The main branch of the New York Public Library, seen from the corner of Fifth Avenue and 40th Street around 1911-1920. Image courtesy of the Library of Congress, Detroit Publishing Company Collection.

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The library in 2016:

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The New York Public Library system has its origins in a number of 19th century private libraries, including the Astor Library and the Lenox Library. In 1985, these were consolidated into a single, city-wide public library, but the organization was in need of a suitable building. In the 1890s, the Boston Public Library had set the standard for grand city libraries, and New York City followed suit with this central library, located along Fifth Avenue between 40th and 42nd Streets. This spot had previously been the site of the Croton Distributing Reservoir, a massive 50-foot tall granite structure that was built in 1842 and could hold up to 20 million gallons of drinking water. It was demolished around 1900 and construction on the library began in 1902.

The interior of the library is known for its elegantly-designed public spaces, such as the marble Astor Hall, the walnut-paneled McGraw Rotunda, and the two-block long Main Reading Room, but there is far more to the building than just what is publicly accessible. When the library opened in 1911, its collections were stored in seven levels of stacks underneath the Reading Room, which had 75 miles of shelf space. The library eventually outgrew this space, though, and in the 1980s the stacks were expanded underneath Bryant Park, which is located behind the library.

Since 2008, the building has been officially named after Stephen A. Schwarzman, a businessman who donated $100 million toward renovating and expanding the library. Its exterior has remained largely unchanged from the first photo, but virtually everything else around it has changed in the past century. Today, Midtown Manhattan has grown up around the library, and while the backdrop of the first photo is a sky filled with white puffy clouds, today the view of the sky is now almost entirely obscured by modern skyscrapers that literally overshadow the library.

Astor Hall, New York Public Library, New York City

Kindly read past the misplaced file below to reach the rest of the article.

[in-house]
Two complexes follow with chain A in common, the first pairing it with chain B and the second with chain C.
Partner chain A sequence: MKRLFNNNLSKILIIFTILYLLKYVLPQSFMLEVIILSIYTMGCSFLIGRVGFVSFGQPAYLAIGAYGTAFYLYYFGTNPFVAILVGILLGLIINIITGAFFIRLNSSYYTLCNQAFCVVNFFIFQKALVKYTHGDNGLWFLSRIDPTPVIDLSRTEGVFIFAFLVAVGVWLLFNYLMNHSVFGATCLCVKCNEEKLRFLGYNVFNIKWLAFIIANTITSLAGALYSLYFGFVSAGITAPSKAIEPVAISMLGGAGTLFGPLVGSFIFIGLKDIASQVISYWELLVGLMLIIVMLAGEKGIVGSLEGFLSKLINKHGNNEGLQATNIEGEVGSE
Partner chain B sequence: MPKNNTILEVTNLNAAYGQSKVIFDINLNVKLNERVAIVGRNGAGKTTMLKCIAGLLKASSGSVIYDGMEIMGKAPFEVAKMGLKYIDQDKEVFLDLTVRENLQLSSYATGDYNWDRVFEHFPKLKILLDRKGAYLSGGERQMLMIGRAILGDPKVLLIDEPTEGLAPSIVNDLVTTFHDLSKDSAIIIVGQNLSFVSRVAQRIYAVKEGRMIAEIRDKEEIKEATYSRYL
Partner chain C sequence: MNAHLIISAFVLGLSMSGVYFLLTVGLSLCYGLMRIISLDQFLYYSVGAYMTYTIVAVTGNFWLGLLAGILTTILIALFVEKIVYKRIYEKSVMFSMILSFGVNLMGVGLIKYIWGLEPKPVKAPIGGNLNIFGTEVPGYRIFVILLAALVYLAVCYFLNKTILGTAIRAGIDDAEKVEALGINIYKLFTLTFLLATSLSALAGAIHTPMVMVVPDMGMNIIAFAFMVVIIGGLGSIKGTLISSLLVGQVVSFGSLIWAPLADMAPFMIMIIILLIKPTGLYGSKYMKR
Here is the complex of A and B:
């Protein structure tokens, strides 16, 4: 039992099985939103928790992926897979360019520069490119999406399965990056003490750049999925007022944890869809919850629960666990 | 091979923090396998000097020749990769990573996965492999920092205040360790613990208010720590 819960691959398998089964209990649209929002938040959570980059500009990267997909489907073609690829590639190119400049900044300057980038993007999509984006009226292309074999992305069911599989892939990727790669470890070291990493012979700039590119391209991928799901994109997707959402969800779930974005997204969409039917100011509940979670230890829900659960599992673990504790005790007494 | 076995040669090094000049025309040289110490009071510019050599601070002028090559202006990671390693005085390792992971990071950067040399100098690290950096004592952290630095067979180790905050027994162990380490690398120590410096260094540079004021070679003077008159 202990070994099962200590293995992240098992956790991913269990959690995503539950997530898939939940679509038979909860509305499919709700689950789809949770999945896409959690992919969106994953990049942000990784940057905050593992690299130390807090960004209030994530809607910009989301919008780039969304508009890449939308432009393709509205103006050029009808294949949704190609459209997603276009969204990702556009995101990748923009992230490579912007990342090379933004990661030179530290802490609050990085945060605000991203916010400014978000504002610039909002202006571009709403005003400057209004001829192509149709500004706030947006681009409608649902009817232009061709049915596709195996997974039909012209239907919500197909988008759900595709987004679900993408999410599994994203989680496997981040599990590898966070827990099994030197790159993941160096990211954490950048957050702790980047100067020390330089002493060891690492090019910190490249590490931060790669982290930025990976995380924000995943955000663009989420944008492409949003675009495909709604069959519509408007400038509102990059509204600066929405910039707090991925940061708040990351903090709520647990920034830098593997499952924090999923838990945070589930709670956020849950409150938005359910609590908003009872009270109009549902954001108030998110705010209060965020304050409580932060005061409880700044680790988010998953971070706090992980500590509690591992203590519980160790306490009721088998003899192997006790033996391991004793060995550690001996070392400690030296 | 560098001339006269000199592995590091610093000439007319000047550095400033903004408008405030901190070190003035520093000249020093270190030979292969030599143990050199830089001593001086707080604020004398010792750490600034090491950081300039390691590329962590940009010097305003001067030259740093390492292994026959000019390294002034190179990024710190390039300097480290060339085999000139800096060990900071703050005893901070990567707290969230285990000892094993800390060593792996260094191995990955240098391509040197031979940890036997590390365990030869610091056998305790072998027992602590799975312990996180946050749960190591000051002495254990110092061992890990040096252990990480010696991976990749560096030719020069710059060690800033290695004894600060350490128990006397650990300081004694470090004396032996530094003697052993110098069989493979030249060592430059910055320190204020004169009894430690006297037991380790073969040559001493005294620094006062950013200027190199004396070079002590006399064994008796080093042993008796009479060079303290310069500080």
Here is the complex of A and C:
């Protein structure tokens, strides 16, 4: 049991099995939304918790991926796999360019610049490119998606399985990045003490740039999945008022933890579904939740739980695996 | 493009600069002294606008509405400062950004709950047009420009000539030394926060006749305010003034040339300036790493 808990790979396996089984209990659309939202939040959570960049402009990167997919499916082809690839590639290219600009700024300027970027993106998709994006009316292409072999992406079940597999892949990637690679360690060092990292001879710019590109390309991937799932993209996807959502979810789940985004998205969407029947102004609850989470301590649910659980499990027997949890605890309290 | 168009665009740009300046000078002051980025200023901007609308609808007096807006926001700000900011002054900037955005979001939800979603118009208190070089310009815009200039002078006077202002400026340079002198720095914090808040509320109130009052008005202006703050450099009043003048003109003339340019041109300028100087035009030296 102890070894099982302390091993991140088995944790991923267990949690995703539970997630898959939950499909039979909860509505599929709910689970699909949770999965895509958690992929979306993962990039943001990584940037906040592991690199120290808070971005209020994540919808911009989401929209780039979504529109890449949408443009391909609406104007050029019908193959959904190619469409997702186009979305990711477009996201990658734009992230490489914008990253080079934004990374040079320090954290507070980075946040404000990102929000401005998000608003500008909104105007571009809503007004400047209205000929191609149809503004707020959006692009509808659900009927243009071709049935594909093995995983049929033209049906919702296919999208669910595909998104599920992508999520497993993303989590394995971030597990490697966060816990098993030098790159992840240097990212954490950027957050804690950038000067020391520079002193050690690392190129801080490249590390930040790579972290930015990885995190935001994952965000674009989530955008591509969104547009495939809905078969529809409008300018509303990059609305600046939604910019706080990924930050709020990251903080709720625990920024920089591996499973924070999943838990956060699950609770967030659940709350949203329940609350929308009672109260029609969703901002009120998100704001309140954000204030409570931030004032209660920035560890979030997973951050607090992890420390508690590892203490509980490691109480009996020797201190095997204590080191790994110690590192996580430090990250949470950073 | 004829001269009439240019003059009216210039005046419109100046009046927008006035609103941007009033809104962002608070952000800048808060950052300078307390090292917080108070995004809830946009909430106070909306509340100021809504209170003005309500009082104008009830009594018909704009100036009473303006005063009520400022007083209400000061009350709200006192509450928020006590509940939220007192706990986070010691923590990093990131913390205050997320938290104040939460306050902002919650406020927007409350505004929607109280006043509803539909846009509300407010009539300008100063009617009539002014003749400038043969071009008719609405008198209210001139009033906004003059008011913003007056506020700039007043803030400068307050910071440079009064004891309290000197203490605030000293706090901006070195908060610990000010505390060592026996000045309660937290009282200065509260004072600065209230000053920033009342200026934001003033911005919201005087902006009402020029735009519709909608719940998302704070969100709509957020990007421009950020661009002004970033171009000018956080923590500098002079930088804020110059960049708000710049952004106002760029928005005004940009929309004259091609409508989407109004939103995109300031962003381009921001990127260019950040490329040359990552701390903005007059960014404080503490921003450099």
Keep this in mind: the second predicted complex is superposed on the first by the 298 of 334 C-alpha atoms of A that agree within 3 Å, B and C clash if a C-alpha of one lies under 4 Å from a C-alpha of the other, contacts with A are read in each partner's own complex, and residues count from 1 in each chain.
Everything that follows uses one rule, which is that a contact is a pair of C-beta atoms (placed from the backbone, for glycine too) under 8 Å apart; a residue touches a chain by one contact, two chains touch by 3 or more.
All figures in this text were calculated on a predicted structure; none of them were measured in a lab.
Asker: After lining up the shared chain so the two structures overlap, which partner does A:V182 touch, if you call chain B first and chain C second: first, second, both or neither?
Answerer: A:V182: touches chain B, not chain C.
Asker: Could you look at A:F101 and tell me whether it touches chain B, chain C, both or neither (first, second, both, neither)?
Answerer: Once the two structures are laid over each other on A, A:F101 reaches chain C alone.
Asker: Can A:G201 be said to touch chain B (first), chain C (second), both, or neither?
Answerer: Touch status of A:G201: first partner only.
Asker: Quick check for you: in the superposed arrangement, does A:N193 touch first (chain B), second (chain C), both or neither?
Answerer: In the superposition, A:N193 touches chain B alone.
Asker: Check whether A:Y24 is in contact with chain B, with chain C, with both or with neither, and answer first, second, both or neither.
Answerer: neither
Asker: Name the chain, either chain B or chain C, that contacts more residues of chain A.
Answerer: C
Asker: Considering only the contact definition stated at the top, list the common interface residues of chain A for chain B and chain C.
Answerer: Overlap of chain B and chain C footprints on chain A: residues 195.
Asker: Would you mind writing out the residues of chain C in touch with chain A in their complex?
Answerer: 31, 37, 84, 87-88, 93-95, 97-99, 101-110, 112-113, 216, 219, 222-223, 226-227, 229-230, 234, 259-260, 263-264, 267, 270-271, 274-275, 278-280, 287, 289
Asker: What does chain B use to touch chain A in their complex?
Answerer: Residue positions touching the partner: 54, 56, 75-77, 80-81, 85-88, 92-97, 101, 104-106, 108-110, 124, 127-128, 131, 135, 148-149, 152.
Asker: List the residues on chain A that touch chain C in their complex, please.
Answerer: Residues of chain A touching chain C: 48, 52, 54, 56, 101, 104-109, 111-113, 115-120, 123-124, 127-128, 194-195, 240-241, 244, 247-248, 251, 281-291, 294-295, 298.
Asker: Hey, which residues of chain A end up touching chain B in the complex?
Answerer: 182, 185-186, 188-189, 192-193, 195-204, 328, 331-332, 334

Astor Hall, at the entrance to the main branch of the New York Public Library, around 1911-1920. Image courtesy of the Library of Congress, Detroit Publishing Company Collection.

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The scene in 2016:

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Like the photo McGraw Rotunda in the previous post, this early photo of Astor Hall was probably taken around the time that the main branch of the New York Public Library opened in 1911. This marble entryway is named for the prominent Astor family. Upon his death in 1848, John Jacob Astor, the family patriarch, left funds to establish the Astor Library, a free public library that was later merged to form the New York Public Library system in 1895. The present-day main branch was built several years later, and not much has changed in this scene in the century since the first photo was taken, but the marble walls now bear the names of various benefactors of the library, including, appropriately, several generations of the Astor family at the top of the list.

McGraw Rotunda, New York Public Library, New York City

The McGraw Rotunda on the third floor of the New York Public Library Main Branch, around 1911-1920. Image courtesy of the Library of Congress, Detroit Publishing Company Collection.

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The scene in 2016:New York Public LibraryN

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The main branch of the New York Public Library, located at the corner of Fifth Avenue and 42nd Street, was completed in 1911, and the first photo was probably taken soon after, as it is part of a series of photos that the Detroit Publishing Company took to show the interior of the new building. The rotunda includes walnut paneling and a valuted ceiling, and the present-day photo also shows the murals that were added after the first photo was taken. Located on the walls and on the ceiling, the murals are entitled “The Story of the Recorded Word,” and were painted in 1937 by Edward Laning. One of them depicts Johannes Gutenberg holding a page from his famous Bible, which was the first book to have been printed using movable type. Appropriately, the McGraw Rotunda is also home to the New York Public Library’s copy of the Gutenberg Bible, which can be seen in the center of the 2016 photo. It was the first Gutenberg Bible in the United States, when James Lenox brought it here in 1847, and today it is one of only 49 existing copies in the world.